Prescott College's Anita Fernández often brought her students to Tucson Unified School District meetings, where she spoke on behalf of the Mexican-American Studies program. That connection led her to a project with former Tucson Magnet High School MAS teacher Curtis Acosta to provide college credit to high school students taking his Chicano literature class at the John Valenzuela Youth Center. Students can now earn up to two college credits in the Sunday class, and a scholarship fund has been started to help with tuition. For more info, go to www.prescott.edu.
How did the project come together?
The idea came from Curtis. He shared with me that there was no way he was going to stop teaching what he's been teaching, and he figured out a way to teach his Chicano literature class. He shared with me that he was teaching this Sunday class at the John Valenzuela Youth Center (1550 S. Sixth Ave.). I started thinking about the experiences I had visiting his classes in the past, and bringing my college students there, and the knowledge that was being shared and the literature that is now banned. We talked about the idea of offering them college credit, but it was a matter of figuring out the logistics and if the college would go for it.
Is anything similar offered to high school students through Prescott College?
We have a thing called the Early High School Experience that just started. But most of those classes are in the summer and offer a taste of what you might be able to experience at Prescott College. But this is different.
Do you want to open this up to other types of classes?
We're just kicking it off. Right now there are 10 students. This is sort of a pilot to see if we can ... perhaps bring in another class, with former MAS teachers like Maria Federico Brummer doing American government with Chicano perspectives.
What about involving more high school students?
I could see the goal down the road to have the classes being open to any high school students interested in the subject matter who are engaged and want to spend their own time. You have to keep in mind that under Curtis, this group has been meeting faithfully every Sunday. It's a commitment, like taking a college class one evening a week.
Does Prescott College have any say in the curriculum?
Curtis is in control of what's taught and this is his project. My part is how can we make this have a different kind of academic value that the students can leave with that they don't necessarily have now. I don't take any credit at all for the classes.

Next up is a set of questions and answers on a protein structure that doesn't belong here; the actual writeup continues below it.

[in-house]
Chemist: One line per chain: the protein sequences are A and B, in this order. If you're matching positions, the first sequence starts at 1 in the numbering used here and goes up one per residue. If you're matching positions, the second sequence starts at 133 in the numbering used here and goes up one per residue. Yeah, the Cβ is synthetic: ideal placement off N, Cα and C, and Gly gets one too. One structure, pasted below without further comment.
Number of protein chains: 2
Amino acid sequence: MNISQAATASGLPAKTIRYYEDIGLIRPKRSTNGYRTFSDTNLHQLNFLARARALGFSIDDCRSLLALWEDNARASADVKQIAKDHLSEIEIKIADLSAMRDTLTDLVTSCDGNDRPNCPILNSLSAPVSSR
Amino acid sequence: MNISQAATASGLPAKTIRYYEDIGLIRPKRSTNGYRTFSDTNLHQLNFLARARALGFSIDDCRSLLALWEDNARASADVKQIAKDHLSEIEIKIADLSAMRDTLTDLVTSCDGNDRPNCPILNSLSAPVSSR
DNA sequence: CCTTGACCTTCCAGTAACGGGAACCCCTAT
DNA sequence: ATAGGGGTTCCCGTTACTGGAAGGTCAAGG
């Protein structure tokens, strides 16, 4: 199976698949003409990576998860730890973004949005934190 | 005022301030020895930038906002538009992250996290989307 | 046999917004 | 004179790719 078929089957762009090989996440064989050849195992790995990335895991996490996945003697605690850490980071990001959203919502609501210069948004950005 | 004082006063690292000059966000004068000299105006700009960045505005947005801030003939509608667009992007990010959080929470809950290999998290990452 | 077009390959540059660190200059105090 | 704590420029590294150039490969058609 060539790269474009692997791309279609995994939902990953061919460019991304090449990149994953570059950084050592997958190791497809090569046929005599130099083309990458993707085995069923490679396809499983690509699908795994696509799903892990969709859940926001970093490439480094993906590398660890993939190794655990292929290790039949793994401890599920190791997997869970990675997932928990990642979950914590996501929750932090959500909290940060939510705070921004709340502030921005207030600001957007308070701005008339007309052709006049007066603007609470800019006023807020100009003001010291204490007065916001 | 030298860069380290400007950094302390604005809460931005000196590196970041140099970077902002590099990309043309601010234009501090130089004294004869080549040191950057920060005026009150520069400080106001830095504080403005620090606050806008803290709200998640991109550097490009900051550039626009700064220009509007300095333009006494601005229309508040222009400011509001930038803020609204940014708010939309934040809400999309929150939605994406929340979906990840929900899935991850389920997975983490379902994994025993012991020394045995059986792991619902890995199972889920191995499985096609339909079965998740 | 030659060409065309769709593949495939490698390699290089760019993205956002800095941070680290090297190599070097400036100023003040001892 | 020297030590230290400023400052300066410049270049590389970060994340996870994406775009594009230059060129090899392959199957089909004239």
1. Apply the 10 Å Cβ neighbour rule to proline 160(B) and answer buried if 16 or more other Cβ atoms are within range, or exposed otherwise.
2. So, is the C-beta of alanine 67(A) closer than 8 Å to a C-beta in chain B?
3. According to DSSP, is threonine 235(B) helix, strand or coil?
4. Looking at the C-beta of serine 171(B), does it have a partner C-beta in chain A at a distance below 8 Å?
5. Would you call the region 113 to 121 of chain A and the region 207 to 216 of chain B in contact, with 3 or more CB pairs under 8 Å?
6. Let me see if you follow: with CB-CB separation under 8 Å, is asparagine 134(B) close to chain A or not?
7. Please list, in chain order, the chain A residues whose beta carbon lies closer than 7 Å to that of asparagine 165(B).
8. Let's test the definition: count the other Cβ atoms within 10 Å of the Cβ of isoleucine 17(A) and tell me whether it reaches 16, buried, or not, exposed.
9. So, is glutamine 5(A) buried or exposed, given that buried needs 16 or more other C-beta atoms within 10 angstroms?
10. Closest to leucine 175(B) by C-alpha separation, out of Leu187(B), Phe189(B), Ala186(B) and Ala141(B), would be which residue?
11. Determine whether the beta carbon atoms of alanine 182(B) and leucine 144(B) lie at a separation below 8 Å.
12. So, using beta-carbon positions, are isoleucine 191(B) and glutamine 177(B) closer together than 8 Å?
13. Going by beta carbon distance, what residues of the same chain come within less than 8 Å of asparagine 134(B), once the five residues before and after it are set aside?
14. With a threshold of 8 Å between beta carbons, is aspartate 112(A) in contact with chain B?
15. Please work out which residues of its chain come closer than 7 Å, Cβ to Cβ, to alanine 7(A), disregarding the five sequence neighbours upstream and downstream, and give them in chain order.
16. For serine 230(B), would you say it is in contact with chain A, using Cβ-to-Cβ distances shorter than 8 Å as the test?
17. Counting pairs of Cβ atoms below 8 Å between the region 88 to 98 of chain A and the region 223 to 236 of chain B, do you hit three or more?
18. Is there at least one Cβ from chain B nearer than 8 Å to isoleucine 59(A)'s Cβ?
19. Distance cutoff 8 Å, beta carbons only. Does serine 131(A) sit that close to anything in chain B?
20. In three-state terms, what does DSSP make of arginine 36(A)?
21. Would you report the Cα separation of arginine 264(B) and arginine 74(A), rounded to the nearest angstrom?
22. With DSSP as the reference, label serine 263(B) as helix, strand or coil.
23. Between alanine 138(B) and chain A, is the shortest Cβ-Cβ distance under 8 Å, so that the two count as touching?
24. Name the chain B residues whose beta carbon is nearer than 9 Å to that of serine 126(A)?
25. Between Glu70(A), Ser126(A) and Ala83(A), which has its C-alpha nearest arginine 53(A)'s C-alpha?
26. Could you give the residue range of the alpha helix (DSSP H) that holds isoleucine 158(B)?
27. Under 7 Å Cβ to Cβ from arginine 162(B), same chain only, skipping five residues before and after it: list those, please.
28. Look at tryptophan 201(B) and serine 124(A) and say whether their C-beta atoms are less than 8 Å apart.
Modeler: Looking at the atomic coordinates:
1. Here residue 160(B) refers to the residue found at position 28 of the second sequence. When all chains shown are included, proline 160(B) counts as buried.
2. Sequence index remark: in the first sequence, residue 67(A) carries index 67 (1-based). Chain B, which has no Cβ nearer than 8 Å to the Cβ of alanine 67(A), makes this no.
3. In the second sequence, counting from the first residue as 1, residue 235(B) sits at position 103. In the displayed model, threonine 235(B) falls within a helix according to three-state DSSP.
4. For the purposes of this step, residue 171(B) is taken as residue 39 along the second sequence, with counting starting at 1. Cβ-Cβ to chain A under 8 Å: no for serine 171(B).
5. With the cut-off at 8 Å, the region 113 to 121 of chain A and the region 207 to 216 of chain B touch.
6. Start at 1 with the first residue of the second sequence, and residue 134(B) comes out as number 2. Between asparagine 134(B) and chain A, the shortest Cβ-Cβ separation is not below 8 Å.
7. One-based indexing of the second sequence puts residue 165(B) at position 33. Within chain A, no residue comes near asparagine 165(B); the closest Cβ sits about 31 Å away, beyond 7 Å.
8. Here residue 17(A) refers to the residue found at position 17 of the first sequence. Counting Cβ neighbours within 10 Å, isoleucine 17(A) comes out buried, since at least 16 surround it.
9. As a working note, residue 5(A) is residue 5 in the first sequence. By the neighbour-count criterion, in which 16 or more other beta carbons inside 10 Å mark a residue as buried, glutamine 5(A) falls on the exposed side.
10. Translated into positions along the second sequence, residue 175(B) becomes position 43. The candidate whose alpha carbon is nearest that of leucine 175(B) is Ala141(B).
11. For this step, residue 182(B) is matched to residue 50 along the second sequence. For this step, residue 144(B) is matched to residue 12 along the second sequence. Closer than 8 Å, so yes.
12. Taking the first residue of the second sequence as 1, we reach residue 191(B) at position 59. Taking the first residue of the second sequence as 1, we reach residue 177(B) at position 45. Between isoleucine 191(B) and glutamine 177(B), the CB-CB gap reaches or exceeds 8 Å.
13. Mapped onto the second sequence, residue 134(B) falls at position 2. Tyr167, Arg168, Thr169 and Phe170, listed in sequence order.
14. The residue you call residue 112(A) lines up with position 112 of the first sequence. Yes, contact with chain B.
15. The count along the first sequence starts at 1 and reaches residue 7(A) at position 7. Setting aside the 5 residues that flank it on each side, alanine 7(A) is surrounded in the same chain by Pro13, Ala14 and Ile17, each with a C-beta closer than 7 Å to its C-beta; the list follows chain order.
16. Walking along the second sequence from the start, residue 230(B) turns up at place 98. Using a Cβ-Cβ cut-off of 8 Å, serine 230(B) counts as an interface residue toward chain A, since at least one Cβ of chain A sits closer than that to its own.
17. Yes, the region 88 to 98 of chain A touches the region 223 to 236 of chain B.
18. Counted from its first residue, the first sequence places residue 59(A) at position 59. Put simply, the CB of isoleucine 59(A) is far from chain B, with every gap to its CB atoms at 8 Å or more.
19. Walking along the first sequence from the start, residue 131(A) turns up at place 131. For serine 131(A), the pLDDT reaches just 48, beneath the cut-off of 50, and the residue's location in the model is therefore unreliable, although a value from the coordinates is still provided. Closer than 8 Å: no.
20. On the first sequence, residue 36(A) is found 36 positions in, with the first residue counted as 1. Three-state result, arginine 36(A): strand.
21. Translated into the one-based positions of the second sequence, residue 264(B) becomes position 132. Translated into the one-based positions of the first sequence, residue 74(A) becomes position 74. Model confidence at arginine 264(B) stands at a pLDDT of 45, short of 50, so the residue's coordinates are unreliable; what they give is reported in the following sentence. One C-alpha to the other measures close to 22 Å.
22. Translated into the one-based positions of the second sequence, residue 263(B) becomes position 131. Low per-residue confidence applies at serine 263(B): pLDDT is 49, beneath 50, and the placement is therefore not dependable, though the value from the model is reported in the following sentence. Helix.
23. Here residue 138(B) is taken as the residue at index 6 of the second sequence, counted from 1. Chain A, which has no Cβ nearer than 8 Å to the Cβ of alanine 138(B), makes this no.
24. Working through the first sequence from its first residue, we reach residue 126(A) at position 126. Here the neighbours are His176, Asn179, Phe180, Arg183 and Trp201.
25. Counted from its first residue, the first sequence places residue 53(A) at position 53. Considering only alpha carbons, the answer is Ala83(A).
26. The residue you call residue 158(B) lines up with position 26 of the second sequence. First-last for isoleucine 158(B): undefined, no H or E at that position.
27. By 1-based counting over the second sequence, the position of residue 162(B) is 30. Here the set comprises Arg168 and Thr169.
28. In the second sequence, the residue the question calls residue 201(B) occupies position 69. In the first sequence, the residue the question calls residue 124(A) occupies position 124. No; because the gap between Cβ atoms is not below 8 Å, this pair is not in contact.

Not all students have to enroll for college credit, right?
If they want credit, they would enroll. We've opened up a scholarship fund even though we are offering it at a really low cost. The school has to process everybody just for that class so any money that goes to the scholarship fund is applied to the student's tuition. If all 10 students decide to go for college credit, we'd cover all of them with the scholarship.
Why the scholarship?
It doesn't seem fair if we create this thing and no one could afford it. We are charging as little as we can, only (enough) to cover the overhead to process the students and do the paperwork for the business office. The college is being extremely generous and has helped set up the scholarship fund.
Is this also one way to expose future college students to Prescott College?
That was one of my hopes, that we would be able to interest Tucson students in particular, but also Southern Arizona students. We have a pool of incredibly intelligent social justice-minded youth. Another hope is this would offer an opportunity to offer credit for a MAS class, but it is also the college wanting to show its support for MAS and take a stand that they don't believe these classes should be eliminated or any literature banned.
Where do folks send donations for the scholarship fund?
Checks can be mailed to Prescott College, 220 Grove Ave., Prescott, AZ 86301. They have to write "Class" in the memo line of the check.